This bar was founded in 1919 and, despite offering other tasty tapas, it is famous for its patatas bravas. Every local has heard about @bartomasdesarria and a lot of people agree on one thing: it is said to have the best bravas in town.
What’s probably the most famous tapa in the world is the secret weapon of El Tomás, a bar that seems to be frozen in time. Don’t be discouraged by first impressions as you enter; the most important thing here is food, not looks.
The bar’s secret is that chefs cut the potatoes a bit longer and thinner than usual, almost making them look like fries. This, together with a delicious, slightly hot allioli sauce, makes for a great experience. Keep it simple and accompany the bravas with a cold beer; you won’t regret it for a second.
Let’s just step out of the city center for a bit as we head north to the former town of Gràcia—now a popular district of Barcelona.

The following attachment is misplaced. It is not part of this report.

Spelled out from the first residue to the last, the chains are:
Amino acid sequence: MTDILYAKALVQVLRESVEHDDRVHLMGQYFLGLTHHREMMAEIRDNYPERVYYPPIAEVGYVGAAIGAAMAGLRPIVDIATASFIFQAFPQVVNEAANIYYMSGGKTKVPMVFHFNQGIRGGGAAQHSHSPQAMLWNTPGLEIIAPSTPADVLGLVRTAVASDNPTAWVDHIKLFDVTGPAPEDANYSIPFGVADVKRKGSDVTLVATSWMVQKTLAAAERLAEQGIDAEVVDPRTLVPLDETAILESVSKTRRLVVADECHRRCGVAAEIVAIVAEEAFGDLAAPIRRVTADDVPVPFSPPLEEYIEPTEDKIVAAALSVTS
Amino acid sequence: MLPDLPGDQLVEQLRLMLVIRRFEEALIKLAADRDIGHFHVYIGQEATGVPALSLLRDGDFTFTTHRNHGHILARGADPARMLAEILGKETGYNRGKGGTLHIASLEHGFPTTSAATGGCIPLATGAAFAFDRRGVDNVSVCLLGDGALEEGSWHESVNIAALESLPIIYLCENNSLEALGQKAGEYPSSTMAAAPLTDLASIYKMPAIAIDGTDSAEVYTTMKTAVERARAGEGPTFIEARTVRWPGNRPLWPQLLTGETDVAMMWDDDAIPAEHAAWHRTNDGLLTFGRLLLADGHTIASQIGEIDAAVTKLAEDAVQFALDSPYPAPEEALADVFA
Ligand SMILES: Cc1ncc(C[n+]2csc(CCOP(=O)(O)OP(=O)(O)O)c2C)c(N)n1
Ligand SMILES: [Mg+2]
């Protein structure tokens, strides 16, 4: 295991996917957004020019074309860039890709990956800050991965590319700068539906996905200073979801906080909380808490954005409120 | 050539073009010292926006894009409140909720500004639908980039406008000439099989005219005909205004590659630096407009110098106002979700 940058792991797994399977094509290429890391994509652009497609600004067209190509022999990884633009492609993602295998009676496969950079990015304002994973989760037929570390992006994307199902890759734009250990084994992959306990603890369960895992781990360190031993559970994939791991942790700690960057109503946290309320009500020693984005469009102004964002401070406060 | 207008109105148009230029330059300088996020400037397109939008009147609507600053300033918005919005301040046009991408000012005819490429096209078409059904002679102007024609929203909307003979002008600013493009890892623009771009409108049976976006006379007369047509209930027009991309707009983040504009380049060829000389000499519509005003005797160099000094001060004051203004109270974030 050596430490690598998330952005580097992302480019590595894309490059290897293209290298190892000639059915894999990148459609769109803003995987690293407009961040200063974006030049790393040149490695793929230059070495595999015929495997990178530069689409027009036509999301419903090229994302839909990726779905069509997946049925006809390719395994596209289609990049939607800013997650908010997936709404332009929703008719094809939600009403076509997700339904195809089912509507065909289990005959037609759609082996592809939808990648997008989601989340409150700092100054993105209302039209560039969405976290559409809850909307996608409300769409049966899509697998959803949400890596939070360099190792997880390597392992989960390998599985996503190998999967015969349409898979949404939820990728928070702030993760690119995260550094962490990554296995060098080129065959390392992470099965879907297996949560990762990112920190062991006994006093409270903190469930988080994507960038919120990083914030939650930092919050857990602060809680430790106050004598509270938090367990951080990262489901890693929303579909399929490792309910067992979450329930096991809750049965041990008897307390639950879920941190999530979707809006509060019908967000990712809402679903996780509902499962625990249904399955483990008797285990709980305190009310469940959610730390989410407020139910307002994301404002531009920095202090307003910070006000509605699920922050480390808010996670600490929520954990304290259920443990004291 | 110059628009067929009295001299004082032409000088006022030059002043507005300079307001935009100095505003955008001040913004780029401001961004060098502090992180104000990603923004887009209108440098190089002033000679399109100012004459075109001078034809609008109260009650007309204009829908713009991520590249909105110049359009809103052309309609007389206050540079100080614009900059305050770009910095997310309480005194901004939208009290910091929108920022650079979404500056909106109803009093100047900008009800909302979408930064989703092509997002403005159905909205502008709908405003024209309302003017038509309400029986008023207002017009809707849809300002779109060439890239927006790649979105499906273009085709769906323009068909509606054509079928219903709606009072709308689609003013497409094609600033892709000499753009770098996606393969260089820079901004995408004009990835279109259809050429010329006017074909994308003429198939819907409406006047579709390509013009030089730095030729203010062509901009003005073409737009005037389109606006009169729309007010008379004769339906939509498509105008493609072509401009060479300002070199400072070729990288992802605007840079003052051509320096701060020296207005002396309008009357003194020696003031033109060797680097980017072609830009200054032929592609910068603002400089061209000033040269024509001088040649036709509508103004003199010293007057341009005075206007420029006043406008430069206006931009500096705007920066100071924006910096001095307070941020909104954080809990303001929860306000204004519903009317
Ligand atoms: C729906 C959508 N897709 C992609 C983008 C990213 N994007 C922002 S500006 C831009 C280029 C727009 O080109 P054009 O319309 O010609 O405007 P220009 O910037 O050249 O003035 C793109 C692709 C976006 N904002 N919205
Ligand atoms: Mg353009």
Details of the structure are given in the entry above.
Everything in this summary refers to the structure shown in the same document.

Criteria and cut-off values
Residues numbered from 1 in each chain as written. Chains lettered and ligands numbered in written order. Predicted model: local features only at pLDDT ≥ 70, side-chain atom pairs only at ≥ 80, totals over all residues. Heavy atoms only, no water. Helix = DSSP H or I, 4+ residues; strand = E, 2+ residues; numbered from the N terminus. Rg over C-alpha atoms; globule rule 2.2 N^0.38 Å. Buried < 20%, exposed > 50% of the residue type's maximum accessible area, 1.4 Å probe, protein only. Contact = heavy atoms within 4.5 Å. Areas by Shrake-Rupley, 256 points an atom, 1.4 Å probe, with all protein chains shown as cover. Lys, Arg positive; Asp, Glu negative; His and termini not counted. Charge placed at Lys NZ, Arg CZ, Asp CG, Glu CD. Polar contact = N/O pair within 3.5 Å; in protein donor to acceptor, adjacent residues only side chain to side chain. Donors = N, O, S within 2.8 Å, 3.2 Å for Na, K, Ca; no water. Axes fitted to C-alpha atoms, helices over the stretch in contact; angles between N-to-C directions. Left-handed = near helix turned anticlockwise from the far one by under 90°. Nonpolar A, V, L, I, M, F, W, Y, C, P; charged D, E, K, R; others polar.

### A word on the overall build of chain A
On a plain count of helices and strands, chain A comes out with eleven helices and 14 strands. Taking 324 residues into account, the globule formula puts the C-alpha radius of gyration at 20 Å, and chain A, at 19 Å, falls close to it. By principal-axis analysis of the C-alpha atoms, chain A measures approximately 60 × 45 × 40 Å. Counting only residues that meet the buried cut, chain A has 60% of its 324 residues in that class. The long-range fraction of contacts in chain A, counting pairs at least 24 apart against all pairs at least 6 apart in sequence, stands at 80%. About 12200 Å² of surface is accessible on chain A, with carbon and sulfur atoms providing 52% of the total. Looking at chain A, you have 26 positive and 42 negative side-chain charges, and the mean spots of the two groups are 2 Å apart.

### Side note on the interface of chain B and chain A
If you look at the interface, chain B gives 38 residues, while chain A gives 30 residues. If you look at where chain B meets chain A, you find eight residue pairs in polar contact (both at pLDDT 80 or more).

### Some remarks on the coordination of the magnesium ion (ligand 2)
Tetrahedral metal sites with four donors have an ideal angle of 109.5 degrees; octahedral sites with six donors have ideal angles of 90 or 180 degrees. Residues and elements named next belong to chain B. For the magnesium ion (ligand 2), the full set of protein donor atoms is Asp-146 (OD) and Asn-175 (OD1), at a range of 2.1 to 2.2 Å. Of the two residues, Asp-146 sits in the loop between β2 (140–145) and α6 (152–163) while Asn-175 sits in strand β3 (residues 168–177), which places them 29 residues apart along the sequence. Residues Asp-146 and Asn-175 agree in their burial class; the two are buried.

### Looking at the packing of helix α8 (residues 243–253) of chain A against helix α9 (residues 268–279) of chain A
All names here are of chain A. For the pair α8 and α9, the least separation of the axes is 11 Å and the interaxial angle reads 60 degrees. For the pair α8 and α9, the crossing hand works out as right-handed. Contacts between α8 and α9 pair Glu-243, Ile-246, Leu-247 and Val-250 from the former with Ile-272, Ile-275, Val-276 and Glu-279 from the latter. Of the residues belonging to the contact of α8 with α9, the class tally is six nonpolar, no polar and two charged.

If you’re looking for a well thought-out menu with exquisite details and tons of creativity, @antunezbcn is certainly a place to visit. It offers a great experience away from the city chaos, lying just a couple of blocks from the invisible barrier that separates Gràcia from the rest of the world.
Let yourself into a homey, relaxed atmosphere and enjoy the breaded artichokes with romesco sauce—the sauce used with the famous Catalan calçots—, served with a grind of licorice. Finish with a taste of their enticing desserts and a coffee to regain strength. You can then walk off the meal around the friendly squares of Gràcia.
You’ll find this bar in one of the most intimate corners of the Gothic Quarter, in Placeta d’en Marcús. @bardelpla is always pretty busy but, if you need to wait, at least you’ll get a chance to admire the surroundings.
This bar, predominantly influenced by Catalan culture, offers great traditional food in a modern format. Constantly changing like the seasons, these local foods will steal your heart. Get a taste of the smoked sardines on pa de coca—a Catalan kind of toast—and the squid croquettes.l